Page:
Modern Nomad is a weekly column dedicated to mobile gear, must-see world destinations, tips for life on the road, and traveling better through technology.
Thanks to Andrew Zimmern and countless YouTube videos, most so-called “bizarre foods” don’t have the gag factor and genuine novelty they once did. But there are plenty of cocktails around the world that even locals will tell you are downright strange. Here’s a handful of our favorites.
Dawson City’s Sourtoe Cocktail has become a tradition for travelers passing through northern Canada’s Yukon Territory. Just head to the Sourdough Saloon and ask for Captain River Rat. Order any shot you like and pledge the “Sourtoe Oath”. The bartender will add an actual dehydrated human toe to your drink. Down the shot as slowly as you like, so long as your lips kiss the toe. It’s a simple recipe, but most would argue that actually downing one isn’t so easy.
Found throughout China, Vietnam, and Southeast Asia, snake wine is as simple and disgusting as it sounds. Steeped snake wine consists of dropping a large snake, and often a handful of smaller ones, into a glass jug filled with rice wine. The potion is fermented for months and typically consumed as a shot. The mixed variety of the wine involves slicing open a snake to-order and draining the raw (and often still-warm) fluids into a shot glass that’s immediately downed. Like many natural remedies and elixirs in ancient Asian medicine, the wine is said to have restorative and reinvigorating powers.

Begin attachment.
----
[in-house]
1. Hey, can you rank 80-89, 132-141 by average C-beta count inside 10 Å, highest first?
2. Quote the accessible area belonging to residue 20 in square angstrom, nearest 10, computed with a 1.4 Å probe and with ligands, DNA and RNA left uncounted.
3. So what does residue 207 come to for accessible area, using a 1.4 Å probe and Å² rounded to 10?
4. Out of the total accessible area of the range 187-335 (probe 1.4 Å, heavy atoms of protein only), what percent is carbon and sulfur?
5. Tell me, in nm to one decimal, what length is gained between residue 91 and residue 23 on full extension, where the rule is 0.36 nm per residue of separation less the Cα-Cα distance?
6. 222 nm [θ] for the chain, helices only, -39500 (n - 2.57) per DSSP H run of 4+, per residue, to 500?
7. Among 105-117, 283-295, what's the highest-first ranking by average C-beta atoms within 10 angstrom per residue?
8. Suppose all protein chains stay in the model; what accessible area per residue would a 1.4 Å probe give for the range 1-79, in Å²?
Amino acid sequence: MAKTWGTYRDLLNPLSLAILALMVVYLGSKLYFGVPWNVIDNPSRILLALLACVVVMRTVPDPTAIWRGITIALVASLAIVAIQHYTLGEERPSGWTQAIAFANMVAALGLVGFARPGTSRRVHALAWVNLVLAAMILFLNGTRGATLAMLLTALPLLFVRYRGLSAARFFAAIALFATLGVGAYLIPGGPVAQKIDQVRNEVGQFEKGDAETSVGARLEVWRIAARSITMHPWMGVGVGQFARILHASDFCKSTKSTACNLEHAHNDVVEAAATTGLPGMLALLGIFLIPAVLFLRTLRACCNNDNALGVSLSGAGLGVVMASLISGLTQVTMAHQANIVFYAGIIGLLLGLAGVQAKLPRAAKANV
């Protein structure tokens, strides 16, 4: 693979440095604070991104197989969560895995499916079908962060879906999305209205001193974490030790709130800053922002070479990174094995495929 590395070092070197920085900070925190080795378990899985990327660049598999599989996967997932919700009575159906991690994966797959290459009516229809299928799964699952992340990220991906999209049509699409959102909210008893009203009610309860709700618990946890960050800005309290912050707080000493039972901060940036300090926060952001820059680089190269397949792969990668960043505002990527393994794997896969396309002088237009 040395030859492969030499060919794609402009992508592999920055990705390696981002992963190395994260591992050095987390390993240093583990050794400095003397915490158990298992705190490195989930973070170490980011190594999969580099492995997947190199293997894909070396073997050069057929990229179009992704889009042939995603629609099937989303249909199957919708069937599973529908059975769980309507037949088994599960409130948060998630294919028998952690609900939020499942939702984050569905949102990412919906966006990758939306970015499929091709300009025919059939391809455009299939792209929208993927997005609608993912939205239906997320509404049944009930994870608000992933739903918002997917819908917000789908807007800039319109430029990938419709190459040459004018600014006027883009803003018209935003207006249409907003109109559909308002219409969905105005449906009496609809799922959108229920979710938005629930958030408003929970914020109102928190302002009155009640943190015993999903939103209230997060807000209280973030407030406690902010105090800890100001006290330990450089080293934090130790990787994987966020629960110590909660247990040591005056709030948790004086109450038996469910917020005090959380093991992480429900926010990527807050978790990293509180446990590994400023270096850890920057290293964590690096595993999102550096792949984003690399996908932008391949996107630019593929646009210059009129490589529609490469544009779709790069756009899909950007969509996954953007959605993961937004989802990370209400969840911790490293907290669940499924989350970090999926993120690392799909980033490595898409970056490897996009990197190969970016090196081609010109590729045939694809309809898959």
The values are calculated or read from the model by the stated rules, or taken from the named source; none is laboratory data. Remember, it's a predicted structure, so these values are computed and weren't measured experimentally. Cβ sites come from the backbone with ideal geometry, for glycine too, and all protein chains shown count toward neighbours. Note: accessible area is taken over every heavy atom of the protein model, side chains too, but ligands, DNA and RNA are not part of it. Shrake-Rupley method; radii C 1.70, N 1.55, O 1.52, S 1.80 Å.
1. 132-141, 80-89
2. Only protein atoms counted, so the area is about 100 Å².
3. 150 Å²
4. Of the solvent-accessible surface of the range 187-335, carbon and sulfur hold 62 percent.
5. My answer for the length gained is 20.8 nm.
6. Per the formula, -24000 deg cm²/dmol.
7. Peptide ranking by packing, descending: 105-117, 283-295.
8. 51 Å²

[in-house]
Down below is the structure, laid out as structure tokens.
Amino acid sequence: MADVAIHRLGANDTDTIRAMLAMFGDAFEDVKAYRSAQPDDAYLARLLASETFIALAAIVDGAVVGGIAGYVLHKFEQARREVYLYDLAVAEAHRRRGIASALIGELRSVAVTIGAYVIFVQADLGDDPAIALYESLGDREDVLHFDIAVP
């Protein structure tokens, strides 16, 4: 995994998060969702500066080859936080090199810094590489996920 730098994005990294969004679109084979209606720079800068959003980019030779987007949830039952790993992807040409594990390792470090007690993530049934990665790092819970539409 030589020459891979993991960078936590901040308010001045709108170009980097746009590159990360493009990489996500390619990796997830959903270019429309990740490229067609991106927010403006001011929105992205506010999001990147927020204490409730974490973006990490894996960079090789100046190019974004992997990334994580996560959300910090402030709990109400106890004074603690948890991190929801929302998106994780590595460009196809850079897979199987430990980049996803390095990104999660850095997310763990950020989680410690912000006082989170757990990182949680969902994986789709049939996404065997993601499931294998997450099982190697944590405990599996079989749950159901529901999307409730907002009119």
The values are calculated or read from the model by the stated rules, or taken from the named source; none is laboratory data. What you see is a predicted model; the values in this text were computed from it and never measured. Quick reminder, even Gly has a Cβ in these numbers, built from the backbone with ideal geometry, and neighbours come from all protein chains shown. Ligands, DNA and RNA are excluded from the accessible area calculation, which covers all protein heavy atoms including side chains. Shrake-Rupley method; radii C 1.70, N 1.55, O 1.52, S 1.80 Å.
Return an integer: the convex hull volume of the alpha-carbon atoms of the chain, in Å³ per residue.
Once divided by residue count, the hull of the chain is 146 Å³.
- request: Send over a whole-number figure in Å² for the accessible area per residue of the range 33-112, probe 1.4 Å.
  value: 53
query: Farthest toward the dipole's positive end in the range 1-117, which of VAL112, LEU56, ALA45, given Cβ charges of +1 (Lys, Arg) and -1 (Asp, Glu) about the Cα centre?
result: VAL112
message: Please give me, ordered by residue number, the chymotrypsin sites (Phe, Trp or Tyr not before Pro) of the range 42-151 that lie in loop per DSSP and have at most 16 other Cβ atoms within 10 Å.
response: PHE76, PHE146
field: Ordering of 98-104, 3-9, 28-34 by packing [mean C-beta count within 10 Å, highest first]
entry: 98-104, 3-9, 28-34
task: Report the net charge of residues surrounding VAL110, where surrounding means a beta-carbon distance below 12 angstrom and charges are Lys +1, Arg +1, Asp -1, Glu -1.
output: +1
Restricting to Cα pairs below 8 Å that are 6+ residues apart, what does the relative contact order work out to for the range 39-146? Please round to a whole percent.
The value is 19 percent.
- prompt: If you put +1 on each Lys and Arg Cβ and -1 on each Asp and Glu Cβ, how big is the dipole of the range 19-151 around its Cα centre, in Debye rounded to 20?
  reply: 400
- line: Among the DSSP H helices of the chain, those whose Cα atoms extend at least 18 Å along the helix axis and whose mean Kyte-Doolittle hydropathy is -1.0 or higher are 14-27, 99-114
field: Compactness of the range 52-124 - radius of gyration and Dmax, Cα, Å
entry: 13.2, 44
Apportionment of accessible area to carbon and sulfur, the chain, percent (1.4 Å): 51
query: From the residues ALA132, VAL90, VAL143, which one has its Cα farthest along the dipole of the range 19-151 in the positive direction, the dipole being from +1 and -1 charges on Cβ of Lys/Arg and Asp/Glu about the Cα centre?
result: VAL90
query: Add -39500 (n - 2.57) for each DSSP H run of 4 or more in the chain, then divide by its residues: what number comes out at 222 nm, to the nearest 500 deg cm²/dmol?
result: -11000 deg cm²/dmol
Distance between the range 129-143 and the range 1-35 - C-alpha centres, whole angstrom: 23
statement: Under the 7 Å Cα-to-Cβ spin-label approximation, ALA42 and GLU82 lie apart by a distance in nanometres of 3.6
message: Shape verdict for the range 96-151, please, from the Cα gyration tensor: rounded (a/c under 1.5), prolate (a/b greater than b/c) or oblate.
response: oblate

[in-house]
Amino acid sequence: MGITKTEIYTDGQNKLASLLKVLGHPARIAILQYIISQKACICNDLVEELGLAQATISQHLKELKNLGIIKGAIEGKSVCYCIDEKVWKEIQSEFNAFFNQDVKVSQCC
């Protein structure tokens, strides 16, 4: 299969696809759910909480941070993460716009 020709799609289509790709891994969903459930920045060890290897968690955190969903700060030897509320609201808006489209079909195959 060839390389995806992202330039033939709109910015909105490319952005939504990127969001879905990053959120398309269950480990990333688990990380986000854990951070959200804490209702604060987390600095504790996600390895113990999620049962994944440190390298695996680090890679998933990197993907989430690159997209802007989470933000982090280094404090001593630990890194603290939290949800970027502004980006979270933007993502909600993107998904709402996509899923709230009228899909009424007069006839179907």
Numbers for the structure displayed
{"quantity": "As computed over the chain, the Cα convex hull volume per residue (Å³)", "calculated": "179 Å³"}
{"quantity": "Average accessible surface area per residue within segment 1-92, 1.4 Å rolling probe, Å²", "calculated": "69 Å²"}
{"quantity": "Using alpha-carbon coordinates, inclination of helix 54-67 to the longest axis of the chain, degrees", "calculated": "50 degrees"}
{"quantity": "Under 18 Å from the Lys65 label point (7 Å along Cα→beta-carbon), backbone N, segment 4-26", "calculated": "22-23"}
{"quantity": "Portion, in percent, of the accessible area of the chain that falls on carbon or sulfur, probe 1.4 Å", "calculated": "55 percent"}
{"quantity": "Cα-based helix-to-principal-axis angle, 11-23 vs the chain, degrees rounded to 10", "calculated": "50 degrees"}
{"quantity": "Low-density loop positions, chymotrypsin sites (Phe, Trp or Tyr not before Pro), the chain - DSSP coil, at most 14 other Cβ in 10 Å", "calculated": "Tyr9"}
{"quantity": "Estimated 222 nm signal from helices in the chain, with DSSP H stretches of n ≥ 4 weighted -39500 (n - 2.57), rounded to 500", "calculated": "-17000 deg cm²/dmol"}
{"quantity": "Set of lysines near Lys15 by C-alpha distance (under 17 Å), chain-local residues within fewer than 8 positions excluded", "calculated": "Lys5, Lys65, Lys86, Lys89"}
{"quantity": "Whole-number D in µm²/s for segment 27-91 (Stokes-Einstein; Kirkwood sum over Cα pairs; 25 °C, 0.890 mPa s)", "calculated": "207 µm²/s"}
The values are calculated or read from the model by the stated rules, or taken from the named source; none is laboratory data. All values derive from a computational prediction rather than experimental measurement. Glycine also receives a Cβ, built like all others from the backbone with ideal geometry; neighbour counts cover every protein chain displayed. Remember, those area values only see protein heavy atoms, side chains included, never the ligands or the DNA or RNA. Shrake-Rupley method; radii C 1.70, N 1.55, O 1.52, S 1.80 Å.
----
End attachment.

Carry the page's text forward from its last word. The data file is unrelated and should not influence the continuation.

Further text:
While the other booze on this list is steeped in history, the Gunpowder Plot from Australia’s Zeta Bar is a distinctly modern beverage. Sydney bartender Grant Collins devised this concoction that’s equal parts cocktail and chemistry experiment. It consists of gunpowder-infused gin, spiced gunpowder syrup, and herbal bitters, all served on a bed of twigs and smoke under a cloche. Collins gets points for originality and possibly being the first person ever to consider gunpowder has a beverage ingredient.
Another gem from China, the aptly named Tezhi Sanbian Jiu (literally “three-penis liquor”) is exactly what it sounds like. With rice wine as a base, a penis each from a seal, a deer, and a Cantonese dog are added then the entire concoction allowed to ferment for at least a month. Naturally, it’s said to not only reinvigorate the imbiber but increase a man’s vitality as well. While it may be bizarre to Westerners, it’s readily available in markets throughout Shanghai and China. (Note: we clearly don’t condone the manufacturing process on this one. We’re just reporting the facts.)
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